Louis Armstrong Vintage

Louis Armstrong: Ambassador with a Trumpet

How 'Satchmo' became the world-wide sensation who blows away bad feeling between nations.

"In certain dedicated quarters any jazz musician born in New Orleans is an 'immortal,' or, if 'Satchmo' Armstrong, the extroverted trumpet player, kerb-stone philosopher and world traveller is, however, the only immortal living legend upon whom diplomatic status, albeit unofficial, has been conferred.

During the Big Four [a group of the four biggest countries gathering to ease cold-war tensions] deliberations in Geneva in 1955, which coincided with a European tour of Louis Armstrong and his band, a New York Times correspondent cabled that 'America’s secret weapon is on a blue note in a minor key,' a piece of information the serious minded Times put on its front page. 'Right now,' The reporter went on, 'its most effective ambassador is Louis “Satchmo” Armstrong'."

 

Still Animal Crazy

Who doesn’t love a good heart warming story about one man and his dog? Or, in this case, and entire Navy crew and their Dog Jim. The language and gender assumptions of this article is so typical of the era.

The Dog that Joined the Navy

The Dog Who Joined the Navy

He loved to go to sea, where he had senior officers for slaves, but he also loved to go ashore and chase the girls, the way all the sailors do.

"I first heard of him on July 3, 1919, the day I reported for duty aboard the battleship U.S.S. Texas in the Brooklyn Navy Yard. Nobody gave a damn about me , a newly minted ensign joining his first ship….

Jim barely noticed me at first. He wasn’t a snob, he was simply aware of his rank. I was a mere junior officer, and Jim didn’t pay much attention to anybody in the junior officers’ mess. He had senior officers not only for intimate friends but for worshippers and slaves.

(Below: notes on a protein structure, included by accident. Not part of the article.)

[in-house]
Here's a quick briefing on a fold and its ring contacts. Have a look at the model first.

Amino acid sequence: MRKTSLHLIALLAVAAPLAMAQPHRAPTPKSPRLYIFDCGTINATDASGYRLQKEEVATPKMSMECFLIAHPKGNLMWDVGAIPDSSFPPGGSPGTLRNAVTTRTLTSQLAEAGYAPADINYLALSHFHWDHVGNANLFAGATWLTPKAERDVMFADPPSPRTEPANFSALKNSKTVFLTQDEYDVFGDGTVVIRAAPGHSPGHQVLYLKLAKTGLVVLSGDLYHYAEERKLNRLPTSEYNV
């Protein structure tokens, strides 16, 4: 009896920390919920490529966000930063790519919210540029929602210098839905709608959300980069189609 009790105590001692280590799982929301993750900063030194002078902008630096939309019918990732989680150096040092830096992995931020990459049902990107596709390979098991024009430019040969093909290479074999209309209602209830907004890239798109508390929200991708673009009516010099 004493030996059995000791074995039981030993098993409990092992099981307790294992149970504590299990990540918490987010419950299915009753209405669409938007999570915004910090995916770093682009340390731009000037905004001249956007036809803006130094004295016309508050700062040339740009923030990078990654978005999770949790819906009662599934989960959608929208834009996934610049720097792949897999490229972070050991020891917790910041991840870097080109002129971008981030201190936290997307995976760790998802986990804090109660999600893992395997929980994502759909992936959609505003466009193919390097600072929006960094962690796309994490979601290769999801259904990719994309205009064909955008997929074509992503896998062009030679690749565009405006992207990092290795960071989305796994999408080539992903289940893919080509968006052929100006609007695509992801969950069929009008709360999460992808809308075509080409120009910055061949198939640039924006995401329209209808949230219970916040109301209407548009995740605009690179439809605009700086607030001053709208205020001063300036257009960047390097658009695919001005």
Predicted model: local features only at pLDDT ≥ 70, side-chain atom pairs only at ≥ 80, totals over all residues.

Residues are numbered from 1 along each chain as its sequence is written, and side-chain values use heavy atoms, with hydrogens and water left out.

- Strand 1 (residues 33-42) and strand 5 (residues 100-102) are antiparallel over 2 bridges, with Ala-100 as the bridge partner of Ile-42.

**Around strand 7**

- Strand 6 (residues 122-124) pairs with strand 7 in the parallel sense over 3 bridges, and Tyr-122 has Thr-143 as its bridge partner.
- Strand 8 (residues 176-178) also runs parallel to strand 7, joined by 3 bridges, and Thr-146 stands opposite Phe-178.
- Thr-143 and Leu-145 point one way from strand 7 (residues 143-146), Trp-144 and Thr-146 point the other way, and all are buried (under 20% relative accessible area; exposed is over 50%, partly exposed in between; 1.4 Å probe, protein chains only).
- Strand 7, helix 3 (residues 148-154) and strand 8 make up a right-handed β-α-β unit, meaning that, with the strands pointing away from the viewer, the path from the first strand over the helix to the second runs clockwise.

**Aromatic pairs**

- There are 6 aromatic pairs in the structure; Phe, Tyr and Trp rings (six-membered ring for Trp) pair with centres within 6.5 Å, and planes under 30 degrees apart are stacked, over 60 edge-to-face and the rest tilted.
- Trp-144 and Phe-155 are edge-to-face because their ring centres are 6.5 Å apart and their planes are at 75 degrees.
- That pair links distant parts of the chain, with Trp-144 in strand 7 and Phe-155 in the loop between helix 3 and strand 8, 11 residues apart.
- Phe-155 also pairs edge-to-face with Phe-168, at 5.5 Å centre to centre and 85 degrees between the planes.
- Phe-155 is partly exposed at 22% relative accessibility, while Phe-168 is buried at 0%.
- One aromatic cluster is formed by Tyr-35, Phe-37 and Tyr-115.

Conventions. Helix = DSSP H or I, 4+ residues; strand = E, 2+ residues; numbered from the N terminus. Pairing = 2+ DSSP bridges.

A year and a half later, when I was promoted and moved up to the wardroom, Jim was the first to congratulate me. From then on we were fast friends."

 

A joke that doesn’t work today:

"Bookshop assistant proffering new novel: 'You can take it in your car, in your boat, on a camping trip–just like a portable TV set.'"

We have iPads and Kindles for that today...

 

A lesson still prominent

Canada was once considered inconceivable: “no impossibility can be more manifest than that of the fusing or even harmonising a French and Papal and a British and Protestant community” as an authority on Canadian affairs in the 19th century once said. Oh, how wrong you were! And, on Canada’s 90th year of national existence we reported on how other countries could learn from their great example. From a "'manifest impossibility' they have converted what could have been a national tragedy into a triumph”

 

Advertisements of the month:

We had to choose two, these are both brilliant. Firstly a classic Guinness advert.

1957 Guiness Advert

And secondly a Rowntree's Fruit Gums advertisement.

1957 Rowntrees Fruit Gums

If you enjoyed this article then take a look at Reader's Digest from July 1960.